BANNING POLITICAL SPEECH: It has come to this. New York City’s Metropolitan Transit Authority has voted to ban all political, religious and opinion ads. The reason? An April 21 decision by federal district judge John Koeltl to enjoin the Transit Authority from refusing to run an ad sponsored by the American Freedom Defense Initiative (AFDI) that said, “Hamas MTV: Killing Jews is Worship that draws us close to Allah.” Underneath this caption, the ad said, “That’s His Jihad, What’s Yours?” Here’s a copy of the ad:
The ad was designed to be anti-Hamas and pro-Israel. A similar, crowd-sourced ad campaign by AFDI was characterized as “Islamorealism.”
The Transit Authority cited “security” concerns in its decision to reject the ad, but Judge Koeltl responded:
While the Court is sensitive to the MTA’s security concerns, the defendants have not presented any objective evidence that the Killing Jews advertisement would be likely to incite imminent violence. Indeed, as the defendants knew when considering whether to run the ad, substantially the same advertisement ran in San Francisco and Chicago in 2013 without incident. The advertisement qualifies as protected speech, and the defendants have restricted it based on its content without a compelling interest or a response narrowly tailored to achieving any such interest. Accordingly, the plaintiffs’ motion for a preliminary injunction is granted.
In an oped for Breitbart, Pamela Geller, co-founder of AFDI writes:
This is a classic case of the powerful trumping the rights of the common man so as to protect their little club. The political and media elites only allow the public discourse to fall within a certain political spectrum. My ads drove them crazy because they fell outside of that spectrum; I was vaulting over their controls and bringing truths to the public that they didn’t want known. They had to move to shut me down.
I’m siding with Geller on this one. The NYC Transit Authority is banning all political/religious/opinion ads in an attempt to prevent its rejection of AFDI’s ads from being characterized as a “content-based” restriction on free speech, which is presumptively unconstitutional. And while it’s true that the Transit Authority has now banned all such ads– not just AFDI’s–it’s a sad day when government opts to shut down all speech merely because some of it may be offensive. The ad was not the functional equivalent of yelling fire in a crowded theater; it was controversial because it defies the liberal/progressive worldview of Hamas and the Palestinian effort as virtuous, and Israel as an apartheid state.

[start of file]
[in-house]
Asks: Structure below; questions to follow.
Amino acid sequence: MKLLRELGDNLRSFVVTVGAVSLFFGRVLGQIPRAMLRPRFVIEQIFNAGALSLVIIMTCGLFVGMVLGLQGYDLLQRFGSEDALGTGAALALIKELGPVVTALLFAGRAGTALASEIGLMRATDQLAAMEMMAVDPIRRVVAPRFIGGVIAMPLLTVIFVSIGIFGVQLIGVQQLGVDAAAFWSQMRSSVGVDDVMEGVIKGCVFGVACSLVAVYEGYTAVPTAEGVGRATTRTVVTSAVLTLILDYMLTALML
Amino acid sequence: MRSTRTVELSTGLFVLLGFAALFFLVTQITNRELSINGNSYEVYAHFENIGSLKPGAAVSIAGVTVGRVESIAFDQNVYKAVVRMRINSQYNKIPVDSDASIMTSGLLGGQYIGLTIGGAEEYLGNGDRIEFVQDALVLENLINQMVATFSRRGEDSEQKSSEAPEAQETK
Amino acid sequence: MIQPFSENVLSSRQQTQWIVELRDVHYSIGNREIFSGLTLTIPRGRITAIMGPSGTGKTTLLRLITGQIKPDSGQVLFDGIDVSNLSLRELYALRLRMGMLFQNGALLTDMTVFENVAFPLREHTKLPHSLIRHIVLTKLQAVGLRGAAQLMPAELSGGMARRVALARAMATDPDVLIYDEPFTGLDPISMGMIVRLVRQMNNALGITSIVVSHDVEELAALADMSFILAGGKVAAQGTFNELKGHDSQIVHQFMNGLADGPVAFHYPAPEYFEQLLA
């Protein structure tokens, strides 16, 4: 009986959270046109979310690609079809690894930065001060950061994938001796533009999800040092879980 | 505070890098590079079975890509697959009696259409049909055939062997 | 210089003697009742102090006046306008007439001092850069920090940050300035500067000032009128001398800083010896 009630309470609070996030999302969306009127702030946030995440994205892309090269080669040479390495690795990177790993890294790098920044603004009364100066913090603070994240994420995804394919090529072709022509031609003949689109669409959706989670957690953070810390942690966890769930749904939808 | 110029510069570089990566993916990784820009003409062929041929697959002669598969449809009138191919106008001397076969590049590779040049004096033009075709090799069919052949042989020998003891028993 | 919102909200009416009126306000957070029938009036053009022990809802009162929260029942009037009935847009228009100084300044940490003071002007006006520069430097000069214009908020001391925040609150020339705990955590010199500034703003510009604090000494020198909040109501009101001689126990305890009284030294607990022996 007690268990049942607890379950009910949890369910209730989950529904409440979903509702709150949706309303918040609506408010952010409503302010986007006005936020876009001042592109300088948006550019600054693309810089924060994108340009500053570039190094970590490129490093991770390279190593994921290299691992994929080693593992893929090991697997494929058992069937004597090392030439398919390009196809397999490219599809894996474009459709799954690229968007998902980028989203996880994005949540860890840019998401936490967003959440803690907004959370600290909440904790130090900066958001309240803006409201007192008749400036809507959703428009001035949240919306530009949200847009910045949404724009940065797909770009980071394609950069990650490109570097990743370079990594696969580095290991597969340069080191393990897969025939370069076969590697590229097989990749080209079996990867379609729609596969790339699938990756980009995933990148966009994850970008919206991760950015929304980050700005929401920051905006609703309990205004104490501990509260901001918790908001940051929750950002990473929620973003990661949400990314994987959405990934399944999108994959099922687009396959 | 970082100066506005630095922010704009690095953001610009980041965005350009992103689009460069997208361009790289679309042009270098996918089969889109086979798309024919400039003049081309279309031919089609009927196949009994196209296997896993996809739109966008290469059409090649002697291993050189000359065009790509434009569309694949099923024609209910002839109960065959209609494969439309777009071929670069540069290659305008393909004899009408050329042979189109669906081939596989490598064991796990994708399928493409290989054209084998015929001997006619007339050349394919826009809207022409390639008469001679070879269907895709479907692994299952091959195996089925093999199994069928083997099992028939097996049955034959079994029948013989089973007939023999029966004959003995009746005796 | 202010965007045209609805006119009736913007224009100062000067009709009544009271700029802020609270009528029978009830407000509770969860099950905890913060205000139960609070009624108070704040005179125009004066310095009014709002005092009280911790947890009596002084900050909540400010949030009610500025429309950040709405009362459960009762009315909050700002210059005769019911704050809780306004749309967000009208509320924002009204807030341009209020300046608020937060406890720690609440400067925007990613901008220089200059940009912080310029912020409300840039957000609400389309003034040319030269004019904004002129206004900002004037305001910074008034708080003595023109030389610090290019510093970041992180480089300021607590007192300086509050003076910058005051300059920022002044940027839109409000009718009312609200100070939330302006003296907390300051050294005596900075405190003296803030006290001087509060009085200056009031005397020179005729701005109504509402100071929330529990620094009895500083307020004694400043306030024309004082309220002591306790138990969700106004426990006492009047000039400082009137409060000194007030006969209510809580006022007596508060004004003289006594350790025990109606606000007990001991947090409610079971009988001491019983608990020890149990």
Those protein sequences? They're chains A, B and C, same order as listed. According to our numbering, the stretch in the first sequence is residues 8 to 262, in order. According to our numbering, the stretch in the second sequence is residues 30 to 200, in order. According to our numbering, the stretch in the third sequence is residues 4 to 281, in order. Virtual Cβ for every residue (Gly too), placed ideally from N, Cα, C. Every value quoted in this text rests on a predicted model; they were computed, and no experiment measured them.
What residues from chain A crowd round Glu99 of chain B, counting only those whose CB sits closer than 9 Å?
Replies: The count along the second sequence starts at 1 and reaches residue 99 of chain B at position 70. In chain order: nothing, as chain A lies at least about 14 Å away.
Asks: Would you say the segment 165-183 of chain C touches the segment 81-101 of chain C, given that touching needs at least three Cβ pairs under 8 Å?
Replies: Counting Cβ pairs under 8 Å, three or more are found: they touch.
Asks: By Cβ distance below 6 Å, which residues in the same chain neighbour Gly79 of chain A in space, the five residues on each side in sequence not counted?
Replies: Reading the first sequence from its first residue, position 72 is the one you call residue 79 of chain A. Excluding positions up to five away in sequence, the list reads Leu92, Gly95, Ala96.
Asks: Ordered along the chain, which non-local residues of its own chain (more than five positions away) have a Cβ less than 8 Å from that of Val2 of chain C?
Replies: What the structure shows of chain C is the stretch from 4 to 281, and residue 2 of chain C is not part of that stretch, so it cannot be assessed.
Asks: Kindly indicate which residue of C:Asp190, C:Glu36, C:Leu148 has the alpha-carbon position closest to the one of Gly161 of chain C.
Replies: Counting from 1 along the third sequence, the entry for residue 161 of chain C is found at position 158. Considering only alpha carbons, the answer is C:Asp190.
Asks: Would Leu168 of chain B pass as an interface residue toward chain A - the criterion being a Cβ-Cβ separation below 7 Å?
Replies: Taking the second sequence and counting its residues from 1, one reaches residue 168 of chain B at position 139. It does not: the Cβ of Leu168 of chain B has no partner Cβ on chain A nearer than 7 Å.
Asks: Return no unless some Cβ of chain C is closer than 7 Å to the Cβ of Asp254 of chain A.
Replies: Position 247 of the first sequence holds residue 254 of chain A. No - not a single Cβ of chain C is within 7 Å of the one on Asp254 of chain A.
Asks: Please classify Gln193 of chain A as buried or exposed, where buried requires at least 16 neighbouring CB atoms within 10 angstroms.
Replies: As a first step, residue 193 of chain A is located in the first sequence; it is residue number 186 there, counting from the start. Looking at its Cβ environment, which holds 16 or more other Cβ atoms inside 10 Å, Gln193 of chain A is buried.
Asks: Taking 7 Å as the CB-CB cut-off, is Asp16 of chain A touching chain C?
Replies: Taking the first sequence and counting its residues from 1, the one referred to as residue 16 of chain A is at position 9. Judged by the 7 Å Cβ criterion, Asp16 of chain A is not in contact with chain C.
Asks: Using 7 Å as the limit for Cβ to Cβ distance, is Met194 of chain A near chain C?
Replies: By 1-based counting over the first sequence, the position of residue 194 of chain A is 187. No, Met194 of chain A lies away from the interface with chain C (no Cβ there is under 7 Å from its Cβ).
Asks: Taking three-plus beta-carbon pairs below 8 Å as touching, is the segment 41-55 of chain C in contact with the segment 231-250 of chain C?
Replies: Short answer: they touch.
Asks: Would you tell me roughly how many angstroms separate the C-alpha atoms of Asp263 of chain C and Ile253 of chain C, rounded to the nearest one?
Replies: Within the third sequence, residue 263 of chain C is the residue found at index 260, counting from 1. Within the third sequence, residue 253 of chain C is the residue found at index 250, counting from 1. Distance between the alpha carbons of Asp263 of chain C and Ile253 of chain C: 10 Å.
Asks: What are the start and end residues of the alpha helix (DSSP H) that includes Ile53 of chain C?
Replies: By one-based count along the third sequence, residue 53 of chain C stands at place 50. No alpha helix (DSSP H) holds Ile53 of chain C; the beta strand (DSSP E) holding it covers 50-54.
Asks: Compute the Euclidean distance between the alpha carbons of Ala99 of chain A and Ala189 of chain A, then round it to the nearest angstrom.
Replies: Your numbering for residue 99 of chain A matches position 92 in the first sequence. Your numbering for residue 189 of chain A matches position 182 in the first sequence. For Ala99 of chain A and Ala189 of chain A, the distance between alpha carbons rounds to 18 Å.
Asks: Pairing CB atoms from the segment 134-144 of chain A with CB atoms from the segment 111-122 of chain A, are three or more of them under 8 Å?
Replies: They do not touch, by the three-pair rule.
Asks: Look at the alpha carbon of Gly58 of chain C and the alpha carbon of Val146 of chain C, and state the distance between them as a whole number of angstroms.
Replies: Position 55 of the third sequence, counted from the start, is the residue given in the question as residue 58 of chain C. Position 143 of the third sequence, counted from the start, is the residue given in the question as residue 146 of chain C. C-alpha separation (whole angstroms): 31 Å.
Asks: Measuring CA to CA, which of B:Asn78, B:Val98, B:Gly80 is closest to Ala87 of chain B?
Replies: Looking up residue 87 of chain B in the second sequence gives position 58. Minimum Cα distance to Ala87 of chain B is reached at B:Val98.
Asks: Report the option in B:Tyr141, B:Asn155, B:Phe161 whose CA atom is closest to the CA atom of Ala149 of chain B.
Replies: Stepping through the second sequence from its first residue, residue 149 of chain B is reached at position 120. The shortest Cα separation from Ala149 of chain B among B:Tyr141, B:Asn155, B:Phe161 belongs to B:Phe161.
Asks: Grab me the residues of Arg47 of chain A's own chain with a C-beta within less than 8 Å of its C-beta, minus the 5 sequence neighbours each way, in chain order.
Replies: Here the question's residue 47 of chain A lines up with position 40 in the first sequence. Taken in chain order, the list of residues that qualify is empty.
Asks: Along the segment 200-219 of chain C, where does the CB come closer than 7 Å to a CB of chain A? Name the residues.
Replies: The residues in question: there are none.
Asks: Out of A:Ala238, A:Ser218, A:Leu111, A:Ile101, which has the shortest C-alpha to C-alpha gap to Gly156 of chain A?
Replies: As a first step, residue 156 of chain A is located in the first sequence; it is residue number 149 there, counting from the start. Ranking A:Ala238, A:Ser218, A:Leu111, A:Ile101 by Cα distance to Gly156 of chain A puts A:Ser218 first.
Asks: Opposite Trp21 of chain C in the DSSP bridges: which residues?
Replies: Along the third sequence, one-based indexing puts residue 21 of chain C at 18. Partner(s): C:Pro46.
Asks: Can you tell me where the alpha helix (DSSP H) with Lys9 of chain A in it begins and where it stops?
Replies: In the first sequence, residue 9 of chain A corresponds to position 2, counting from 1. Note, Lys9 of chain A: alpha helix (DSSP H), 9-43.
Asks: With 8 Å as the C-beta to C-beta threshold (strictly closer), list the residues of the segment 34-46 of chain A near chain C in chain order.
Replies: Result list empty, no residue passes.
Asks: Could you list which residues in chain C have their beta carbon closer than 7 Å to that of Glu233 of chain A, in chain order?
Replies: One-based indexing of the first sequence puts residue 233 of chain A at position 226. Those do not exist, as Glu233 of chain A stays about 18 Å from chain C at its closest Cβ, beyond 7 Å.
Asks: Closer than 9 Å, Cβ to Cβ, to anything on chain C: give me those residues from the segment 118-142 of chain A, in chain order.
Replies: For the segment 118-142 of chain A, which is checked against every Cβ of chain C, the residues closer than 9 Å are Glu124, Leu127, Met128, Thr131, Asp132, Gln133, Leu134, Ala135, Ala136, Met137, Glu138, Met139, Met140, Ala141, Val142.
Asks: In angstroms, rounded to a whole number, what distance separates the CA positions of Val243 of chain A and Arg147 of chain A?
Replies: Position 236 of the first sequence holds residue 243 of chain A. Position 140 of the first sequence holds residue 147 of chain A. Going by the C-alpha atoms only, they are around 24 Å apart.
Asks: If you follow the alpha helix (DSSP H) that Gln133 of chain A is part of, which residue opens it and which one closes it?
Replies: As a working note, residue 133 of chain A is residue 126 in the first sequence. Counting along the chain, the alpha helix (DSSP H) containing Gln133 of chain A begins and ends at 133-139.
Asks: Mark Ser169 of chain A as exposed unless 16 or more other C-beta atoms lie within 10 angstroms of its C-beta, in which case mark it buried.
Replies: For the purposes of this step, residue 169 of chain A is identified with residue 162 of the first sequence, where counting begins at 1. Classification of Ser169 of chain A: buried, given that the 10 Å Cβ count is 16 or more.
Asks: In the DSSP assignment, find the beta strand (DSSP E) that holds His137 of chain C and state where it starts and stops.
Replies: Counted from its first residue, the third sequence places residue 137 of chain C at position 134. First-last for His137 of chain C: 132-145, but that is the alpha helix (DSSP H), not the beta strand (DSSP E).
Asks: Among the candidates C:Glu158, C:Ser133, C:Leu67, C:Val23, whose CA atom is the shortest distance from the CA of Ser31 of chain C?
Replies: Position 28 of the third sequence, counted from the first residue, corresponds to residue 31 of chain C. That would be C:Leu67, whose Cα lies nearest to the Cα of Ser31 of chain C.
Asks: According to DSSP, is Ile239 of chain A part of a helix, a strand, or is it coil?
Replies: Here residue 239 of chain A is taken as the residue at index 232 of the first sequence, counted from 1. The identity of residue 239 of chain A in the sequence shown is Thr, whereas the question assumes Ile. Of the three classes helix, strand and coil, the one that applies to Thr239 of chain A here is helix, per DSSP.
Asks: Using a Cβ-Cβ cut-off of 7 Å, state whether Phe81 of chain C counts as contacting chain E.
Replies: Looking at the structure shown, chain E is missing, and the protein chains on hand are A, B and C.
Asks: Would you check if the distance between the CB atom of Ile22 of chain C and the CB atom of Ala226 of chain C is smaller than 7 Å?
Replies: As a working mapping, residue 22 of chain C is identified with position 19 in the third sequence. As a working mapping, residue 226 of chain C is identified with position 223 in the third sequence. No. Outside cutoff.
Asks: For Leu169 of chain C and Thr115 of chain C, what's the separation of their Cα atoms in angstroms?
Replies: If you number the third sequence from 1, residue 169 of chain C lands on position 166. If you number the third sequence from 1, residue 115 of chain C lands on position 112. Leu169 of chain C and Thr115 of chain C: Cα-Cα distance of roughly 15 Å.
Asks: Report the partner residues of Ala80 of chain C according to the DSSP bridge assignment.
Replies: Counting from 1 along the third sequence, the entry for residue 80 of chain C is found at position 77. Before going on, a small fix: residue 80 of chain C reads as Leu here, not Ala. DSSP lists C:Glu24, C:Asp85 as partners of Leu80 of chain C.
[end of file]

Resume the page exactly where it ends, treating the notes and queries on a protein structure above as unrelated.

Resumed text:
Free speech isn’t worth much if government can ban it whenever it offends. As the Supreme Court said in its 1971 decision, Cohen v. California:
The constitutional right of free expression is powerful medicine in a society as diverse and populous as ours. It is designed and intended to remove governmental restraints from the arena of public discussion, putting the decision as to what views shall be voiced largely into the hands of each of us, in the hope that use of such freedom will ultimately produce a more capable citizenry and more perfect polity and in the belief that no other approach would comport with the premise of individual dignity and choice upon which our political system rests. To many, the immediate consequence of this freedom may often appear to be only verbal tumult, discord, and even offensive utterance. These are, however, within established limits, in truth necessary side effects of the broader enduring values which the process of open debate permits us to achieve. That the air may at times seem filled with verbal cacophony is, in this sense not a sign of weakness but of strength.
NY Transit Authority’s action shows that, from the leftist perspective, Americans can’t handle potentially “offensive” speech by averting their eyes, but need to be paternalistically protected from being exposed to it at all. We aren’t producing “a more capable citizenry” anymore; quite the contrary. NY Transit Authority’s decision is a sign of societal decay and weakness, not strength.